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CATASTROPHE ON 34TH STREET

THE RAIN ON MACY'S PARADE
How Greed, Ambition, and Folly Ruined America's Greatest Store
By Jeffrey A. Trachtenberg
Times Business 274pp $27.50


In the fall of 1990, amid a torrent of rumors that retailer R.H. Macy & Co. would soon file for bankruptcy protection, I went to interview company Chairman Edward S. Finkelstein. It was four years since Macy's had gone private, and now it was reporting losses in the hundreds of millions. Both Wall Street and Seventh Avenue were wondering how--and if--the company was going to meet interest payments on its multibillion-dollar debt load.

For 20 minutes, I waited outside Finkelstein's $50,000 bulletproof office doors. When I got inside, the interview proved a disaster, prompting one of Finkelstein's renowned temper tantrums. ''What do you know about Macy's?'' he demanded. ''Just what you've read?'' He denied any problems and bellowed insults while three lieutenants sat in silence, averting their eyes.

But not even such virtuoso verbal pummeling could stave off the creditors. A year and a half later, Macy's was in bankruptcy court, and Finkelstein was out of a job. It was a classic story of pride and fall, now described in riveting detail in Wall Street Journal reporter Jeffrey A. Trachtenberg's new book, The Rain on Macy's Parade.

A feisty graduate of Harvard business school ''who retained the subtle menace of a schoolyard athlete,'' Finkelstein joined Macy's training squad in 1948 and quickly rose to become fabrics-department manager in the company's flagship Manhattan store. By 1969, he was president of Macy's California, where within 12 months he more than doubled the division's pretax profits by catering to upscale customers. In 1973, Donald Smiley, then Macy's chairman, brought Finkelstein back to New York to apply his magic to the Herald Square emporium. Over the years, Trachtenberg relates, Finkelstein transformed Macy's from an oversized variety store into a glamorous chain and made shopping an adventure. In 1980, Macy's board elected him chairman.

Toward his 55,000 workers, Finkelstein played the generous, albeit mercurial and often dictatorial, patriarch. He nurtured scores of employees and rewarded his staff handsomely. The trade-off was putting up with Finkelstein's dark side: He never let executives forget who was boss. During weekly meetings, he would often ''scream, demand, and belittle,'' Trachtenberg reports, enjoying it when his staff turned on each other because ''this meant they cared.'' Every Monday morning, on returning from his Connecticut weekend retreat, Finkelstein would hand out gifts to a favored few--eggs laid by his hens. Recalled one executive: ''If you never got eggs, you started to worry.''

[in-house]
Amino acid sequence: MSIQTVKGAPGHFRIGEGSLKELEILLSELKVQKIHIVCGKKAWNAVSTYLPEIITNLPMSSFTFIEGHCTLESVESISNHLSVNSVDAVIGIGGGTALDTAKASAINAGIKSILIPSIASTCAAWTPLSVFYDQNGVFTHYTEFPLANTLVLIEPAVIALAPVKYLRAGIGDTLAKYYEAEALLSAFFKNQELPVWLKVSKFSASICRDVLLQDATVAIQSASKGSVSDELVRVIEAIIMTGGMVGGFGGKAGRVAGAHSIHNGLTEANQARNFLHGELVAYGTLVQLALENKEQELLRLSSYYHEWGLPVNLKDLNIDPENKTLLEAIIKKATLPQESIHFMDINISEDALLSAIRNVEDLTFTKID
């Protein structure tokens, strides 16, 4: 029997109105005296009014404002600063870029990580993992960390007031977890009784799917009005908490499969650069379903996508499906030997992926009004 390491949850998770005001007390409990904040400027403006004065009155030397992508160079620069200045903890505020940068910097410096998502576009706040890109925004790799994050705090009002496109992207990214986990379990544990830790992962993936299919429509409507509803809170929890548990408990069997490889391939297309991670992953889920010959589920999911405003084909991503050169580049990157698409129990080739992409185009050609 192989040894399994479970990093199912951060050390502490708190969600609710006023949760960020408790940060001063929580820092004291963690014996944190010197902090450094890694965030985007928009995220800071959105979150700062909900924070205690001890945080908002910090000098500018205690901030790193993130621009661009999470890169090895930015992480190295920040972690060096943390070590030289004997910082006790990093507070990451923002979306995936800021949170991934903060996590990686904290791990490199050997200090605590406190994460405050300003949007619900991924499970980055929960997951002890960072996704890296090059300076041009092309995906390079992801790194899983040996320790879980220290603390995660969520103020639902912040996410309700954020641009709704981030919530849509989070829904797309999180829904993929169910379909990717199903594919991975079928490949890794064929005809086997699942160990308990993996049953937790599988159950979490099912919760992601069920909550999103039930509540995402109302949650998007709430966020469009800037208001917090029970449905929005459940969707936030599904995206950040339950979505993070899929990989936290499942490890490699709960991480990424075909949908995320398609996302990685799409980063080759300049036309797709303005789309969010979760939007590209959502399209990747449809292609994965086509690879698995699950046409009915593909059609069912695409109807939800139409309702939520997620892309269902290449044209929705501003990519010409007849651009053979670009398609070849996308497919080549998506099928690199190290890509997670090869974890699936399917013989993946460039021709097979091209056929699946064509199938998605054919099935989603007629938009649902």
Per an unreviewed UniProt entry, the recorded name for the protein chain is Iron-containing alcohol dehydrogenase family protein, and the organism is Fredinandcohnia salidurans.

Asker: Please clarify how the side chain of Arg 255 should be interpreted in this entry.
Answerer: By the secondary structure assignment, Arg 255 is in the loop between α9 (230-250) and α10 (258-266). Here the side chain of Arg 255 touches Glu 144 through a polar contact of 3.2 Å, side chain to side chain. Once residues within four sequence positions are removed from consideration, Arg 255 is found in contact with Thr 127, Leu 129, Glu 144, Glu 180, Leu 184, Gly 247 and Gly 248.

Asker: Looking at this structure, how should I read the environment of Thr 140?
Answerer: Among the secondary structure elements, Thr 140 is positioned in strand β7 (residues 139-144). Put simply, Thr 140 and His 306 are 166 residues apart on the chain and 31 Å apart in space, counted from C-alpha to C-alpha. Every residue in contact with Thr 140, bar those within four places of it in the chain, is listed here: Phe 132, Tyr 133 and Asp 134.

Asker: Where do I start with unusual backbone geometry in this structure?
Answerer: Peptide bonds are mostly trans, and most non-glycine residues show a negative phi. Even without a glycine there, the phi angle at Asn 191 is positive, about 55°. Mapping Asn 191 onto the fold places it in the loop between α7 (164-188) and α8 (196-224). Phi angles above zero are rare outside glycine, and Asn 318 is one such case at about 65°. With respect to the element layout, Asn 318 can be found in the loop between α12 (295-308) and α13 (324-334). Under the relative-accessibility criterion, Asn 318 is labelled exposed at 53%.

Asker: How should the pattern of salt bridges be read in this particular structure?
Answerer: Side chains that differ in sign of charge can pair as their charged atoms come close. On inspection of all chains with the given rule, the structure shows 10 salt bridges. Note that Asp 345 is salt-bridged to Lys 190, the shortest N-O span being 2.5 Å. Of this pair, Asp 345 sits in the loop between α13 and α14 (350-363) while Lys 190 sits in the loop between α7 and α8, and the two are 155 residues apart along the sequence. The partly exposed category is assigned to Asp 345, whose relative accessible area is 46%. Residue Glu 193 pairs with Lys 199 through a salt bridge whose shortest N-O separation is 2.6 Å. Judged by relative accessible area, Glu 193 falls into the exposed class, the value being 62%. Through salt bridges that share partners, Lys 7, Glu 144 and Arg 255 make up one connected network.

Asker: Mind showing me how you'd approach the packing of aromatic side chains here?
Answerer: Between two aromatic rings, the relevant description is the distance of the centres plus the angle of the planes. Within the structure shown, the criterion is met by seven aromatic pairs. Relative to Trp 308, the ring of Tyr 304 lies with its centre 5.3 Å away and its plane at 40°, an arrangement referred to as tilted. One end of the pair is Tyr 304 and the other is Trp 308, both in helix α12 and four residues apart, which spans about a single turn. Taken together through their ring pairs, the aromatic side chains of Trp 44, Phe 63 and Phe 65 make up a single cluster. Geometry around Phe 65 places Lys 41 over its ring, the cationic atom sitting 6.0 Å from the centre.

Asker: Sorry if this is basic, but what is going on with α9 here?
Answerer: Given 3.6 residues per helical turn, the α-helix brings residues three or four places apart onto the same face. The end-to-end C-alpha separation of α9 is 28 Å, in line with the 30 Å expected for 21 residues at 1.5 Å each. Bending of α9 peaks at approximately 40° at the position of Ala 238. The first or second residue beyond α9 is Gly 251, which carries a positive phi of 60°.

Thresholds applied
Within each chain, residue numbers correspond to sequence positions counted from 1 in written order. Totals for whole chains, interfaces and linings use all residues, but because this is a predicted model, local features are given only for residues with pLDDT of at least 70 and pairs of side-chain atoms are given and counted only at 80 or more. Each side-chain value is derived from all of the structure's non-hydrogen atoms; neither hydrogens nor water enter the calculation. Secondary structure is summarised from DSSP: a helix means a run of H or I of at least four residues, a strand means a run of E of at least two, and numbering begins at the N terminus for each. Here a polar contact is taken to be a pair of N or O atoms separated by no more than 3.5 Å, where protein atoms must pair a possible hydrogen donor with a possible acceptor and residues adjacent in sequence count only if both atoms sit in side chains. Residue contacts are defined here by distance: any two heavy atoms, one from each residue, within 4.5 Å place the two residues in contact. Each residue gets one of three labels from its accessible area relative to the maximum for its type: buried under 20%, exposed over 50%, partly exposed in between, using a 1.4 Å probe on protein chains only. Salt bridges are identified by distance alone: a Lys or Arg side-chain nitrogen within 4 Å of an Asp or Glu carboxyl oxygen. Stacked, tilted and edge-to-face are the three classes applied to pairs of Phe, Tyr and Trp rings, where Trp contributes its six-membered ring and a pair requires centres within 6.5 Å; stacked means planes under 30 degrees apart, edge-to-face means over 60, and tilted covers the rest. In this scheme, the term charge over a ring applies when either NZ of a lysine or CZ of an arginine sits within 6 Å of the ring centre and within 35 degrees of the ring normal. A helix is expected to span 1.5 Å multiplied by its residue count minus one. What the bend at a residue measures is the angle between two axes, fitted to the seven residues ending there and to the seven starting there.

For six years, Finkelstein himself had few worries, traveling in a chauffeured Mercedes and living the high life. Then, in the summer of 1985, convinced that a leveraged buyout would make millions for him and several hundred top managers, he decided to take Macy's private. The board, initially resistant, acquiesced, as they had with most of Finkelstein's demands. It was the '80s, and merger fever was rampant. Two of Macy's rivals, Federated Department Stores Inc. and Allied Stores, had been taken private by Canadian real estate developer Robert Campeau, and Finkelstein decided that if Campeau could do it, he could, too.

True to form, Finkelstein celebrated the LBO by hosting an elaborate black-tie party at the Metropolitan Museum of Art's Temple of Dendur in July, 1986. But the champagne had hardly been finished before things started going wrong. It soon became clear that investment bankers' projections of future cash flow--the money needed to service the LBO debt--had been too optimistic. And with the economy sagging into recession, two Christmas shopping seasons in a row proved disastrous. In November, 1988, Macy's reported that it had lost $188 million for the year ended in July, more than 13 times what it had lost a year earlier. The company began to close stores and lay off employees, with Finkelstein insisting all the while that Macy's would rebound.

But there would be no miracles on 34th Street. In early 1992, the once-great retailer stumbled into bankruptcy court. ''Every cent invested by Macy's more than 400 managers was wiped out,'' writes Trachtenberg, whose description of the days leading up to the company's bankruptcy filing is fast-paced and absorbing.

Trachtenberg places the failure of Macy's squarely on Finkelstein's shoulders---the chairman, he argues, lacked critical financial acumen. Rather than listen to anyone who didn't share his misplaced enthusiasm, Trachtenberg says, Finkelstein just bellowed at them. Nor would the chairman assume any responsibility for Macy's downfall. ''His take on the bankruptcy was that it was somebody else's fault; an act of God; a conspiracy; the recession,'' notes Robert Miller, a lawyer for Macy's bondholders.

That was hardly the case. Macy's fate began and ended with Ed Finkelstein. But the story has a relatively happy ending: Macy's is now a division of Federated, which bought it in 1994. Trachtenberg reports that friends of Finkelstein--who has hung out his shingle as a retailing consultant--say he has mellowed. He's not likely to relish his portrayal in The Rain on Macy's Parade. No matter. Readers will find the saga fascinating.

By Laura Zinn


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Updated June 14, 1997 by bwwebmaster
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